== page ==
Academic journal article
By Schray, Kateryna A. R.
Honors in Practice , Vol. 4
As professors of literature, we have a fairly good chance of engaging our students when we teach Samuel Taylor Coleridge's "The Rime of the Ancient Mariner." True, the text can seem daunting on a first read, but who can resist a moody if not downright creepy ghost story told by the survivor of a nightmarish ordeal to a detained and gradually mesmerized wedding guest? The story has an intriguing psychological component in the progressive isolation of its main narrator, strong theological references, and vivid tactile images. And it has a bird in it, an albatross, the image of which has given rise to the well known expression "an albatross around one's neck." Similarly, John Keats's "Ode to a Nightingale," a beautiful poem that practically embraces the readers with its lyricism and commandeers them with its precision and elegance, is a relatively easy sell to undergraduates. Both of these poems use a bird to reflect some sort of journey of the mind, and while these works are inviting texts on their own, their appeal is enhanced when the reader knows something about the bird at the center of the verse. This appeal is even stronger in poems and literary periods that do not appear quite as immediately attractive to students, such as the longer Middle English debate poem "The Owl and the Nightingale," an entertaining and spirited argument between two species as to which better serves humanity. Or, to move back a few centuries, the Old English poem "The Phoenix," which students tend to find too dry or "philosophical" (they mean theological), or, to move ahead to a more recent era, Edward Thomas's "The Owl," a poem which remains cryptic to students unfamiliar with its World War I milieu. Even Emily Dickinson's "Poem 1463," almost universally acknowledged as a description of a hummingbird, becomes more appealing when the powerful images are reinforced by scientific observation and biological reality. This reinforcement is what we set out to do in our interdisciplinary team-taught honors seminar at Marshall University, playfully entitled "Literary Ornithology."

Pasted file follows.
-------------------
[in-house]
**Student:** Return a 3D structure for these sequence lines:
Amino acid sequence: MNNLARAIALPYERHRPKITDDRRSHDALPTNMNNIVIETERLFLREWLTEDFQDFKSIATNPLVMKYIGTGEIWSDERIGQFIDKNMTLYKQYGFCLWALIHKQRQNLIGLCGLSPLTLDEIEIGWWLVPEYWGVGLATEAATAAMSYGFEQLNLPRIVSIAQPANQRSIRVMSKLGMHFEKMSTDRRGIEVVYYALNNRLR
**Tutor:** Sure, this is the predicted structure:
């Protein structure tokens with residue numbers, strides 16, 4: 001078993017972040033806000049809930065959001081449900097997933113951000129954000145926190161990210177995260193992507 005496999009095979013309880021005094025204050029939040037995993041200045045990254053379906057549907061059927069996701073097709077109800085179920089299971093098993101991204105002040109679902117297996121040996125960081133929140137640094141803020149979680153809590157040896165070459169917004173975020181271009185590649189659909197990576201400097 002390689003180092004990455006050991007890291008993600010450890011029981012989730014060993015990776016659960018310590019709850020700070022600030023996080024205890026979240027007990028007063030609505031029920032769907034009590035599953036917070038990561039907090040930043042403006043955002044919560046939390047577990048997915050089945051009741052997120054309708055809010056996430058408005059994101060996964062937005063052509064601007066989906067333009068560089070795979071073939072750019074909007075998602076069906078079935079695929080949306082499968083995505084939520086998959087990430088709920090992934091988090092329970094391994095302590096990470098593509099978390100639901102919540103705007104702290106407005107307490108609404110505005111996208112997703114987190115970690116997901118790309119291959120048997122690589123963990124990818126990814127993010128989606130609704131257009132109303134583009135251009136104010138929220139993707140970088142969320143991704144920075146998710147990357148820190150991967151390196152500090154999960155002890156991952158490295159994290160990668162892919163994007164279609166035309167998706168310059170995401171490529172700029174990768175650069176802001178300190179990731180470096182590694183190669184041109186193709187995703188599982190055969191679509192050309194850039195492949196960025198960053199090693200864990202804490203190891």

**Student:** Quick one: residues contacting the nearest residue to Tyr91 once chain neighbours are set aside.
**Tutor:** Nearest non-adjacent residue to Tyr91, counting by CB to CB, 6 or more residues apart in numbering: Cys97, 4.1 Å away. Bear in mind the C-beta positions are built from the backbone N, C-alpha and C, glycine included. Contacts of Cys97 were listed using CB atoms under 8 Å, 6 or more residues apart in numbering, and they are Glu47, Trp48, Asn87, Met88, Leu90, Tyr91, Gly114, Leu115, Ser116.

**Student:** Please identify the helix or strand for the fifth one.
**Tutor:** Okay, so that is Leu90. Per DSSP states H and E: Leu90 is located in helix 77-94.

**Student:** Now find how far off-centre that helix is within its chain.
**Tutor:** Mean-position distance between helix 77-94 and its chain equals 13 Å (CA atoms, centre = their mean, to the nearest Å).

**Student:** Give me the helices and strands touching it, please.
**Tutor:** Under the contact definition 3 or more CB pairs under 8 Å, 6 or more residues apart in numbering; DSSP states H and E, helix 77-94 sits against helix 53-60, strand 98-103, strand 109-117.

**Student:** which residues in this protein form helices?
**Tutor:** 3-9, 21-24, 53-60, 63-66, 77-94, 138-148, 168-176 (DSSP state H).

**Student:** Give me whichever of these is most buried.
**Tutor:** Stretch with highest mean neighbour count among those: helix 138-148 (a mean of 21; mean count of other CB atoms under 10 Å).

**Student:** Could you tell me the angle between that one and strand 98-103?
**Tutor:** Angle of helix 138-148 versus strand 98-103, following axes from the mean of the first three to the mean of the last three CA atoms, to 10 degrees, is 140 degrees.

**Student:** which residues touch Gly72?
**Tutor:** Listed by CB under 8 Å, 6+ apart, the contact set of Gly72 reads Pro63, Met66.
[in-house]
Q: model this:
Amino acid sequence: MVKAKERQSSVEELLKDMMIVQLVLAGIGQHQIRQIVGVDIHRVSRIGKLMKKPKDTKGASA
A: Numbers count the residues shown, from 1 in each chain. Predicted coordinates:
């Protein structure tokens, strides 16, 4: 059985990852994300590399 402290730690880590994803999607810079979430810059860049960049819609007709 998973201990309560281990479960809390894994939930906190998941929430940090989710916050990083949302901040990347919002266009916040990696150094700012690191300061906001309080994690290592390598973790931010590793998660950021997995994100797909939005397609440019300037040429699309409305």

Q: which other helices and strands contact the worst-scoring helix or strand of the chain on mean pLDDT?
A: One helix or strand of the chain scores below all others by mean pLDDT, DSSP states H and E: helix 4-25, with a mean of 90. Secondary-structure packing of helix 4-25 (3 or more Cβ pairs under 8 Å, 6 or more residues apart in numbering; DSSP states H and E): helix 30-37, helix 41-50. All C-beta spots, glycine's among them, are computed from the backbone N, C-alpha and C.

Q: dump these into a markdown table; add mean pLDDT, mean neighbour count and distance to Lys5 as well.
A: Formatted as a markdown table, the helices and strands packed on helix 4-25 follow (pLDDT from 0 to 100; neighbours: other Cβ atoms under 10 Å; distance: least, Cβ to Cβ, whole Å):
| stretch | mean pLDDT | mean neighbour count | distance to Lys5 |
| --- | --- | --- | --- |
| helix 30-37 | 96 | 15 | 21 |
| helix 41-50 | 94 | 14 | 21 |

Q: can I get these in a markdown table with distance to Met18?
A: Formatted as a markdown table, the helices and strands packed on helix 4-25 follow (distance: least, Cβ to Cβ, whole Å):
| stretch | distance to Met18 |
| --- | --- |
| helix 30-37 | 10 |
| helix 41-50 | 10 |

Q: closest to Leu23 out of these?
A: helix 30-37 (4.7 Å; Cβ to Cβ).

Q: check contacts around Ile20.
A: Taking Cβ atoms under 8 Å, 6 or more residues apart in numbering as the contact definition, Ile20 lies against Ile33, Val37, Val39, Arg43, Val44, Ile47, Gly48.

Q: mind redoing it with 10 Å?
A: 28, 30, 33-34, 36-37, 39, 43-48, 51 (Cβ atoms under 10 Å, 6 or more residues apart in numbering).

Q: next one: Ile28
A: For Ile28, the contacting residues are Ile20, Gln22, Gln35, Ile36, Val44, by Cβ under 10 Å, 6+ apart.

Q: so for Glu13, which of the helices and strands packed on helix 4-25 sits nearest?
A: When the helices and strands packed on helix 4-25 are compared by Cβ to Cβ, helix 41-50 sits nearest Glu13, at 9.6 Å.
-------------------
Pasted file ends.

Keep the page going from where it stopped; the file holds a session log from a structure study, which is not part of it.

The scientific consensus is that 9,702 bird species live on our planet, just under one tenth of that number on the North American continent; quite a few of these birds have made their way into our literature and culture, appearing in early texts in both practical and metaphoric capacities. The vast majority of these poems can certainly be appreciated without any further knowledge about the birds, but having that knowledge makes the reading experience all the more satisfying and, for lack of a better word, relevant, for our students. The Marshall University Honors Program provided an ideal opportunity to read poems and stories about birds in the spirit of scientific inquiry and in the context of cultural perceptions; like other programs described in Honors in Practice, the Marshall University Honors Program is built on team-taught interdisciplinary seminars. Bird-watching is an educational pastime that lends itself ideally to a multi-disciplinary approach; in addition to learning about the many species of birds in our immediate area (representing seventeen of the twenty-one orders in North America; there are twenty-eight orders world-wide), we were also able to observe how birds function as a barometer of an environment's general health. We then read works of literature describing birds in light of our own experiences and measured their literary portrayals against our scientific observations. We looked for birds in literary texts and cultural icons as well as in the field.
Two poems serve as ideal examples of our approach, Walt Whitman's "The Dalliance of the Eagles" (1880) and, on a more complex level, Richard Wilbur's "The Writer" (1976). Whitman's poem is a flurry of activity, punctuated by present participles (the number of -ing words is practically overwhelming). Whitman readers will immediately recognize the familiar features of a Whitman poem, notably the extended lines of blank verse and the absence of a main verb. …